The purpose of this dissertation was to investigate the feasibility of a unifying philosophy for music therapy and to offer an identity for the music therapy profession that is appropriate for the various ways in which music therapy is practiced throughout the world. A systematic review of published music therapy approaches informed this investigation. The central research questions for this dissertation were: (a) Is it possible to articulate a unifying philosophy of music therapy that is inclusive of the diverse ways music therapy is currently practiced; and if so, (b) What might be that resultant integrated philosophy of music therapy? If an integrated or unified philosophy of music therapy and identity for the profession is possible to define, it may have implications for music therapy education at the undergraduate and graduate levels. Using the unique interdisciplinary perspective of the Doctor of Liberal Studies (DLS) program at SMU, each major published approach, theory, and model of music therapy was analyzed to compare similarities and differences between them. Current research was examined to determine whether current music therapy practice supports the conclusions from the analysis. Each approach, theory, and model was analyzed to identify the complexity making it unique from other approaches, or the repetition making it similar to other approaches. Finally, an evaluation of whether a unifying philosophy of music therapy is possible, along with the implications for the profession regarding whether one is possible, was completed.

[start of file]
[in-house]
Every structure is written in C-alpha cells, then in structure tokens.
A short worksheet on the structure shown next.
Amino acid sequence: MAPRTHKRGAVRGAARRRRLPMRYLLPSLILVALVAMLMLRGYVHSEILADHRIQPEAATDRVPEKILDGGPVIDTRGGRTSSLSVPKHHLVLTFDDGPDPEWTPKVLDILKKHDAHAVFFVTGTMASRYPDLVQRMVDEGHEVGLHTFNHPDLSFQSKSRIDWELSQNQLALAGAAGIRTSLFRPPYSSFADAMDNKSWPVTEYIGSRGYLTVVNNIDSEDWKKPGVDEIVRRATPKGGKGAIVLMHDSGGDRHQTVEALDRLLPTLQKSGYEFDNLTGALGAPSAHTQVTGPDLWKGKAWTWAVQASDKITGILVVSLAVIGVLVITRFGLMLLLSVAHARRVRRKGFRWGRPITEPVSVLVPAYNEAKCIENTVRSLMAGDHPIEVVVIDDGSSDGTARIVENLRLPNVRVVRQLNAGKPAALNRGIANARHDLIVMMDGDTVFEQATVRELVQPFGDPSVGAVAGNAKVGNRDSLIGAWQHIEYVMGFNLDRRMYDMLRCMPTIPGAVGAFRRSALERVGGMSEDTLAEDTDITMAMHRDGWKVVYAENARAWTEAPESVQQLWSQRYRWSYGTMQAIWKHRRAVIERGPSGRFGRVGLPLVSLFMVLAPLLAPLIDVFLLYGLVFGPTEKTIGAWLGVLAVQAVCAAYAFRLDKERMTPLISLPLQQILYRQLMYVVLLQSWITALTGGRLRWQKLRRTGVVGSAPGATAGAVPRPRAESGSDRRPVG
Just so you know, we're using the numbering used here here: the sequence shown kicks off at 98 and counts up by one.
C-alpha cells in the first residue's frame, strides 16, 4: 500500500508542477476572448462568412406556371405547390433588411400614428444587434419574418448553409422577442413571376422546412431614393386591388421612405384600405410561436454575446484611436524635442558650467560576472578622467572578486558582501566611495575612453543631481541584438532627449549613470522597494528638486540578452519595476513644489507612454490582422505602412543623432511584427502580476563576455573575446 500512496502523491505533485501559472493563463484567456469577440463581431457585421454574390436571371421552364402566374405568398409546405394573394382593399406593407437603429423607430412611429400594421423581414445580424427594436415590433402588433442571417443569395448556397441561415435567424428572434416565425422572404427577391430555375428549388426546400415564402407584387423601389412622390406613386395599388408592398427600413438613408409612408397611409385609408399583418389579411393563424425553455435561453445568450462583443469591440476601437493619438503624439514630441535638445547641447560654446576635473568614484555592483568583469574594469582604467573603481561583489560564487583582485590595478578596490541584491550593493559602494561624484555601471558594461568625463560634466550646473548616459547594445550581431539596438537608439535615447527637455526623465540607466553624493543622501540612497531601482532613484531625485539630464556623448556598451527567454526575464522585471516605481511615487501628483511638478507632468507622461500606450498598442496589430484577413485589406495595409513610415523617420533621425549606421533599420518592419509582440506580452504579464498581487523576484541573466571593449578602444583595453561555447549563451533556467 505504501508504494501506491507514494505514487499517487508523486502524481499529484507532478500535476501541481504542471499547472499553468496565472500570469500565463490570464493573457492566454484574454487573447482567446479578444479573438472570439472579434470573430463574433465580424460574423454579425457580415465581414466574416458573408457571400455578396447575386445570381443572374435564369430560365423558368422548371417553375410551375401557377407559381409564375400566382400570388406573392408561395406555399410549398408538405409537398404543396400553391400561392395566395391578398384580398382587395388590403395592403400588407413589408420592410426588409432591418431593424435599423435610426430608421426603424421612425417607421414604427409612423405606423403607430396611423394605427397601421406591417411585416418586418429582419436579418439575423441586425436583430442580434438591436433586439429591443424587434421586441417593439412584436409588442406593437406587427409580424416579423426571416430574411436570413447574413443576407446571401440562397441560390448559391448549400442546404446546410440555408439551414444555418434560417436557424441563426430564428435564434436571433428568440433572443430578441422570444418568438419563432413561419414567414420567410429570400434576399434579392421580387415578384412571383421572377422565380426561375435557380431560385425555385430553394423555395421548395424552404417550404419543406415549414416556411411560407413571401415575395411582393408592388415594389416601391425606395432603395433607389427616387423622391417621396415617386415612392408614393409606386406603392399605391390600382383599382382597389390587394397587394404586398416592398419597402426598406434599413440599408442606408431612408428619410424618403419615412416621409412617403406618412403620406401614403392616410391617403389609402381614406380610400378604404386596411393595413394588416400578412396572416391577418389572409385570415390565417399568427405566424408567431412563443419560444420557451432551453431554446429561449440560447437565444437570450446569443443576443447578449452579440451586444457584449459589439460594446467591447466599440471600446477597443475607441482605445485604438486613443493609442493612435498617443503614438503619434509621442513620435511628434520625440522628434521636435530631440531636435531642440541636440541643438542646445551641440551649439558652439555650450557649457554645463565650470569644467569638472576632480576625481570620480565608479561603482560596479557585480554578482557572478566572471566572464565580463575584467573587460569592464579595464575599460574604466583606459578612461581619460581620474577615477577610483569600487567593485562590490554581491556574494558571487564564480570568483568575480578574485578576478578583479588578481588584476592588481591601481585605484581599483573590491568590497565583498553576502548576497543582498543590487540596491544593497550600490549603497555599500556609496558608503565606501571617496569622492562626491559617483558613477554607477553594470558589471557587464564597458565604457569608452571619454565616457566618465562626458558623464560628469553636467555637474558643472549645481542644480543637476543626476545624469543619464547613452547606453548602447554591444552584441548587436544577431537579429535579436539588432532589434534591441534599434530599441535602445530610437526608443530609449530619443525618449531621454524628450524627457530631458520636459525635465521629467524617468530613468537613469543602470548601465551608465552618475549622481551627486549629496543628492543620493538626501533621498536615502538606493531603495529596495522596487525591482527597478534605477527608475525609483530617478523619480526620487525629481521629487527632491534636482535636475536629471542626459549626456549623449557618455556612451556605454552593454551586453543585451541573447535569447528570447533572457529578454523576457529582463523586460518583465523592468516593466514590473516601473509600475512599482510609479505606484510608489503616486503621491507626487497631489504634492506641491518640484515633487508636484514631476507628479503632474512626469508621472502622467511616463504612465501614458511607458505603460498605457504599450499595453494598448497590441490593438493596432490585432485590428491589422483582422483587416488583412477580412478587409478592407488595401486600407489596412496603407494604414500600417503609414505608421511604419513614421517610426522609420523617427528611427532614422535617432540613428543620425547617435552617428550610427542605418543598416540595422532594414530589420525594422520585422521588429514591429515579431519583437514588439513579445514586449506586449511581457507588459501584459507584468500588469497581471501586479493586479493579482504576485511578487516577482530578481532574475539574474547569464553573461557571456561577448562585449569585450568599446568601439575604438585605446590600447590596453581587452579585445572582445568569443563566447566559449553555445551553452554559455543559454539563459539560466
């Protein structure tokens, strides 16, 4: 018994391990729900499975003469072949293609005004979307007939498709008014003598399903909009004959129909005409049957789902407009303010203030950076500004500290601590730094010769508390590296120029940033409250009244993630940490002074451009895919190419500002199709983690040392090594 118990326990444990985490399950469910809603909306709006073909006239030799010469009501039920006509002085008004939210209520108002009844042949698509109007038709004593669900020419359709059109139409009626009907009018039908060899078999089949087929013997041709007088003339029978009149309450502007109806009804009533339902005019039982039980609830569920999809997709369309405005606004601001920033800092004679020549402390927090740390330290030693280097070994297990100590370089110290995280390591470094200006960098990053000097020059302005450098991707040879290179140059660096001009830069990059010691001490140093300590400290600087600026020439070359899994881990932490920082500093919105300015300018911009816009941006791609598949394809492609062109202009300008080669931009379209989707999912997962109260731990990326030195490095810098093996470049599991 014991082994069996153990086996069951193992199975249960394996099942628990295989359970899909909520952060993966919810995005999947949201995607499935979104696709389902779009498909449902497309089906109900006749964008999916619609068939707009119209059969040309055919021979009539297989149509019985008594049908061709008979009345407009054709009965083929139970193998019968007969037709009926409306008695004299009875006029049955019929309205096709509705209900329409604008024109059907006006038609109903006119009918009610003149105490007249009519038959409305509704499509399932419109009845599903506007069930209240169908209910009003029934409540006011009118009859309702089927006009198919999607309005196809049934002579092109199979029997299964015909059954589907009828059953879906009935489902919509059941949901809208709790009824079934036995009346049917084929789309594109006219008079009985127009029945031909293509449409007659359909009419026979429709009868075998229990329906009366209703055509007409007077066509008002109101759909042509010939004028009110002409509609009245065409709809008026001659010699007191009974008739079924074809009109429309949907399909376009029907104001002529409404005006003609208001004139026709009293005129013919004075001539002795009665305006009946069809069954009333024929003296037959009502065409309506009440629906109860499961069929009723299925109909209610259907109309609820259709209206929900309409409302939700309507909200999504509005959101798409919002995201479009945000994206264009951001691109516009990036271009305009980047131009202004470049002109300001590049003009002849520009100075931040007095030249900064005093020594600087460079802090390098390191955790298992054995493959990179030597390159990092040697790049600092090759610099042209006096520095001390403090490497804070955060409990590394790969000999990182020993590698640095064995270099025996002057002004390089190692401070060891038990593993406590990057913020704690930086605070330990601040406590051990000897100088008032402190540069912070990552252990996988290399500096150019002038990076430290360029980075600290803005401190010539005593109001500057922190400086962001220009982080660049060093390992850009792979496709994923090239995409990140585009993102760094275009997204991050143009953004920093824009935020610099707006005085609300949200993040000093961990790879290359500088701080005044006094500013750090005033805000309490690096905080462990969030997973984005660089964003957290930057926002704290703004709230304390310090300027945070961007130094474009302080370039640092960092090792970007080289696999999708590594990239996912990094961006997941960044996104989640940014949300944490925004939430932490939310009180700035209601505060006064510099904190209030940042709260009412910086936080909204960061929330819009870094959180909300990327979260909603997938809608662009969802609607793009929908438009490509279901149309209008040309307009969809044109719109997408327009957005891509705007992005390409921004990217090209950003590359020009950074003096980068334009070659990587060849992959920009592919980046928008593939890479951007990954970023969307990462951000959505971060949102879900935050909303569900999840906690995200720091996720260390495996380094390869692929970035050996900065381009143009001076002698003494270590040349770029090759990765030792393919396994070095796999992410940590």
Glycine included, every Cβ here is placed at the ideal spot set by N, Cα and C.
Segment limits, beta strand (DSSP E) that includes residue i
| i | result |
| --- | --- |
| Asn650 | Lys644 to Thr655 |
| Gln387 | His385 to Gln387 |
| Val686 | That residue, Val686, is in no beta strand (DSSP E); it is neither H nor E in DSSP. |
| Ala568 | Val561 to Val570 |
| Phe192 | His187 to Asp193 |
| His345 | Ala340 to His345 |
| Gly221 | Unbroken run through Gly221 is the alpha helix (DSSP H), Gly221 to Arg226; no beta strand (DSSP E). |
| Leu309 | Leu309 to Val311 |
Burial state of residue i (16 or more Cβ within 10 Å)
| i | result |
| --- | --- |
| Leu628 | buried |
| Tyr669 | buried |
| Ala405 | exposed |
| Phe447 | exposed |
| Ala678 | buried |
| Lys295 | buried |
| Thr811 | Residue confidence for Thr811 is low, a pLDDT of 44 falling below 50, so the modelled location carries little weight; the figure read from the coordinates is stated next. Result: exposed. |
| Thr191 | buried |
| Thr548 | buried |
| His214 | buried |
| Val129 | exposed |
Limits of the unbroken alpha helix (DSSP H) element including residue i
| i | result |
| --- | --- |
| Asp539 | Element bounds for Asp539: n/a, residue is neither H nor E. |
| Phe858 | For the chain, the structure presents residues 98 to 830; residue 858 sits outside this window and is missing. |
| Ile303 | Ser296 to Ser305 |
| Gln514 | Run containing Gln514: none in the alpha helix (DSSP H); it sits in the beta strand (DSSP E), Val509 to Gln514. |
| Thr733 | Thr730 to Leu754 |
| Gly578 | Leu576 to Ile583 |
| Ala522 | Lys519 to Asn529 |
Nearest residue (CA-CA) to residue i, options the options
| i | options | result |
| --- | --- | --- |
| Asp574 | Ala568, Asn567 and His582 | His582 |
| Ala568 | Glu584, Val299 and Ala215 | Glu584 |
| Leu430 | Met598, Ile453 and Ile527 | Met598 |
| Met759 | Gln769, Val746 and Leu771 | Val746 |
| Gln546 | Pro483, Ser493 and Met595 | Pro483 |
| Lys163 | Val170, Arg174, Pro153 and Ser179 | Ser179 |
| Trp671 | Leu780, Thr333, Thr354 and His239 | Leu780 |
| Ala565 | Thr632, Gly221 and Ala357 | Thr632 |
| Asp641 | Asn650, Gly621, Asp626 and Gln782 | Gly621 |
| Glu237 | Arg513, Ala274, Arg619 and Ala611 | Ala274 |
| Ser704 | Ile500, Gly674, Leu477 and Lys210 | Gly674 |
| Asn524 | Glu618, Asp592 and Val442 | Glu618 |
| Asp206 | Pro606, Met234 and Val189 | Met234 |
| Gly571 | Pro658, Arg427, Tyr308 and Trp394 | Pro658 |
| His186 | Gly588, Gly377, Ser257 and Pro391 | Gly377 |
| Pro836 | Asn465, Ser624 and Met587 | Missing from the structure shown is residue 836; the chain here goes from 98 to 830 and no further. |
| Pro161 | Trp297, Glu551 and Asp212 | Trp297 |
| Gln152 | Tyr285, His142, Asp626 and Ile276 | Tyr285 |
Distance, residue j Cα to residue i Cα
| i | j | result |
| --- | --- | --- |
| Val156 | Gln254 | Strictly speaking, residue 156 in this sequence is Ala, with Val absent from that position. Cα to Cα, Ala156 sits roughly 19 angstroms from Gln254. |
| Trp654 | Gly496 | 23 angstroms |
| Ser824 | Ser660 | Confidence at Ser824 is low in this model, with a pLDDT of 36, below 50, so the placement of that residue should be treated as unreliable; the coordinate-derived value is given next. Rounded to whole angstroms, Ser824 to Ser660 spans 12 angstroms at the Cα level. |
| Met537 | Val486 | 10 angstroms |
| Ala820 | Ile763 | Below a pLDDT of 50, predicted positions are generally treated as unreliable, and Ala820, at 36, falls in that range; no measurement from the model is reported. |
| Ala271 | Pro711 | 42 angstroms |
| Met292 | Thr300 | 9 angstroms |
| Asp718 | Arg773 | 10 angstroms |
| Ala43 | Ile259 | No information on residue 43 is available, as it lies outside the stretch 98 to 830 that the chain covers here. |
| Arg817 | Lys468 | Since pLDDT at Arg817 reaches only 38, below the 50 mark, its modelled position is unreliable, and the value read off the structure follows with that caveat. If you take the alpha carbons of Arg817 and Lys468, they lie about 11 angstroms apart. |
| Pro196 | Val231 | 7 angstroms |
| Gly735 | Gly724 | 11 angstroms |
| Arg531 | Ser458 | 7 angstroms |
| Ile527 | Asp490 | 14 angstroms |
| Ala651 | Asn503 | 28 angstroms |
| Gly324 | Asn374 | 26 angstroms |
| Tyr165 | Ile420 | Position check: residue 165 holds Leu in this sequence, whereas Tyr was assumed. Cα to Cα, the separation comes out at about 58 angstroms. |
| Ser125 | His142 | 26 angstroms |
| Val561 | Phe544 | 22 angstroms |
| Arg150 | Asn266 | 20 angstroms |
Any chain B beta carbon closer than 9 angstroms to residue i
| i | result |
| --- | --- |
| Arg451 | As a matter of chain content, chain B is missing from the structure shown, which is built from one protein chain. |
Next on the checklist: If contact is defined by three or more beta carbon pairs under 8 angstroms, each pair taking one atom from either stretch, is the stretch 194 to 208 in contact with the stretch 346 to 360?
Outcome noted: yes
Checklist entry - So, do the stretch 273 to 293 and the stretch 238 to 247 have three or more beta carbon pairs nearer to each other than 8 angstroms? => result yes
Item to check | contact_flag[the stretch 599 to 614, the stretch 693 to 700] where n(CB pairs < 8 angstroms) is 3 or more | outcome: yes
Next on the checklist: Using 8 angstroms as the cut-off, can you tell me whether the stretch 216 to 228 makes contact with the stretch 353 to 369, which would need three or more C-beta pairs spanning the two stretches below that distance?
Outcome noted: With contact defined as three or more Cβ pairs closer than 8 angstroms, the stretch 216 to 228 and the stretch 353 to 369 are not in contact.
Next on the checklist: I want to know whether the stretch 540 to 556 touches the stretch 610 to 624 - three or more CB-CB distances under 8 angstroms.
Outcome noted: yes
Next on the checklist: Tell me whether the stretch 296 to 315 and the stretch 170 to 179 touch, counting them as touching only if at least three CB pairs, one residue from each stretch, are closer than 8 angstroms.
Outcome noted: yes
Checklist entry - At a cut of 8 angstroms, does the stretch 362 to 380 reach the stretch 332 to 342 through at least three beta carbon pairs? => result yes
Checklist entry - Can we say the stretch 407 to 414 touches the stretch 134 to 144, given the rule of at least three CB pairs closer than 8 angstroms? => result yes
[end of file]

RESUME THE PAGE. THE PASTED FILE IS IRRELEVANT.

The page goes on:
Degree Date

Spring 5-14-2022

Document Type


Degree Name



Graduate Liberal Studies and Dispute Resolution


Julie Scott

Second Advisor

Robert Krout

Third Advisor

Lauren DiMaio

Subject Area

Music, Philosophy, Neuroscience, Humanities


Music Therapy

Number of Pages




Creative Commons License

Creative Commons Attribution-Noncommercial 4.0 License
This work is licensed under a Creative Commons Attribution-Noncommercial 4.0 License